Seriously, though, I love how everything’s getting localized these days! It’s great! We’ve missed significant chunks of certain series from the dark ages before localization was somewhat more spotty and it’s kind of a shame. Case in point: you may have played Sega’s Valkyria Chronicles 2, but you probably missed the third game since it never left Japan. Well, now you might find some forgiveness in your heart – Valkyria Chronicles 4 has hit the West and it’s pretty decent.
When the Second Europan War ends up at his doorstep, Claude Wallace finds himself running his own squad as his nation attempts a desperate counterattack. Operation Northern Cross is a last-ditch effort to end the war by capturing the enemy’s capital directly. It’s a long shot, but it’s the last chance Claude and his friends have, so we follow Squad E as they march north and try to claim victory. The story in Valkyria Chronicles 4 is fantastic and serves as the centerpiece of the experience; you’ll grow to love the various characters as they endure the trials and tribulations of war. There’s even an adorable dog!
As for gameplay, if you’ve played previous Valkyria titles you’ve got a pretty good idea of what to expect here. It’s essentially a unique take on a strategy-RPG. You’ve got a set of Command Points that can be spent as you like on each turn, with one CP allowing you to move and fire with a unit once. You can spread around your CP in whatever manner you’d prefer, including repeatedly activating the same unit, though doing so will fatigue that unit and reduce their movement range. You’ll want to be careful with your soldiers, as well, since permanent death is a thing in Valkyria Chronicles and you’d hate to lose someone.
Characters fall into several classes, each of which have their own specialties, and you’d do well to pay particular attention to your Lancers and Grenadiers. These guys carry explosive weaponry, making them absolutely vital for dealing with armor. Tanks are some of the heaviest hitters you’ll encounter – as you’ll realize when you’re commanding Claude’s – and an effective way of dealing with them is key. Your other classes, including Snipers, Shocktroopers and Scouts, are often focused on keeping your Lancers and Grenadiers safe from enemy infantry while they stop tanks from rolling right over your squad.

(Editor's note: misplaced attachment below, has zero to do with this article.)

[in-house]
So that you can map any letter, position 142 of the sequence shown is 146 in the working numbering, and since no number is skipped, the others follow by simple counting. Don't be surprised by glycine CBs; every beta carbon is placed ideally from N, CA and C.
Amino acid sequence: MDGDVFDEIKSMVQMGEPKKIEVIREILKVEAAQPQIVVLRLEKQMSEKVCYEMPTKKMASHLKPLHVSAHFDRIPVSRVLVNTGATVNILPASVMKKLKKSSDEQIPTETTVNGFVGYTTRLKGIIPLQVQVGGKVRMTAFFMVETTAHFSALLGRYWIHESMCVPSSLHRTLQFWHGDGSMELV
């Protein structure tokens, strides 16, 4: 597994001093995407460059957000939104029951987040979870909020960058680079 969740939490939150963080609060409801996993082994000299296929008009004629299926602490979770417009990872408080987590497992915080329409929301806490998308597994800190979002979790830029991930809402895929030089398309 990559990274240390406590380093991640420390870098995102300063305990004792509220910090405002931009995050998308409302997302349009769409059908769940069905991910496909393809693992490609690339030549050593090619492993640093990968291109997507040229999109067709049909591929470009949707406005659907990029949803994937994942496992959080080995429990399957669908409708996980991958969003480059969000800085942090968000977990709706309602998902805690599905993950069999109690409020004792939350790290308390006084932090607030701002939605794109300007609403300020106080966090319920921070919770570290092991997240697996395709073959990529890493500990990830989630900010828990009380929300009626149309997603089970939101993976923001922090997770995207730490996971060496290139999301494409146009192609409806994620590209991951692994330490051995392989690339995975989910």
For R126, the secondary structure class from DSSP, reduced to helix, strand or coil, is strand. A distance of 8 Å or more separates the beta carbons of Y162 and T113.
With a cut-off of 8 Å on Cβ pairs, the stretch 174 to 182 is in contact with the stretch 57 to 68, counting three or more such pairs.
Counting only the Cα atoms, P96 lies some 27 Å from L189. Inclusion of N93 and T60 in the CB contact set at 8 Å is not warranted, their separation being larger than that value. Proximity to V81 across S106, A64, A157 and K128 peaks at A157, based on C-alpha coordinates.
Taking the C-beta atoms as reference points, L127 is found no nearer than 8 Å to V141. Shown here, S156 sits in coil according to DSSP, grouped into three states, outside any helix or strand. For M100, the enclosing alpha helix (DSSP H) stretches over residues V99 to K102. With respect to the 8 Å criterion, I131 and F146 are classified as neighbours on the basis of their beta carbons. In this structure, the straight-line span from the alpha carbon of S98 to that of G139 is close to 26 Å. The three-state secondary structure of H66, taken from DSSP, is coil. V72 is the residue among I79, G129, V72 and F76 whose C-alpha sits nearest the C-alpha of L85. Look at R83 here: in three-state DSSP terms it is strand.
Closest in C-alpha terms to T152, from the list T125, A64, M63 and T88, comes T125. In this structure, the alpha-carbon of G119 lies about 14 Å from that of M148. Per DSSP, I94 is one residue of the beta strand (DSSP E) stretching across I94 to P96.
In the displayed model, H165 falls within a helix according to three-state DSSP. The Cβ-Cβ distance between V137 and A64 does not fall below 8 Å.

It’s an interesting take on tactical combat and each scenario feels unique. Victory will allow you to upgrade your units via menus much the same way as you have in previous titles; this is a more simple setup than something like Disgaea, but it’s fine for providing some sense of progression.
As for how the game looks, well, you’ve seen these titles before; they’re basically the height of cel-shaded anime styling in video games. That means it’s gorgeous, in other words. Likewise, the music, sound effects and voice acting are generally top notch. I’m not the biggest fan of tactical RPGs myself outside of something like the Disgaea series, but I still found Valkyria Chronicles 4 worth playing just to check out how gorgeous it is. I played this one on the Switch, by the way, and unlike certain other games it ran pretty well and still looked great.
This is a fairly long-running series at this point, so it’s likely you already know whether or not you’ll enjoy it. If you haven’t already tried or experienced one of these before, you might be better off checking out the excellent Steam remaster of the original Valkyria Chronicles. If you’re a die-hard fan of the series, though, you pretty much can’t go wrong with Valkyria Chronicles 4.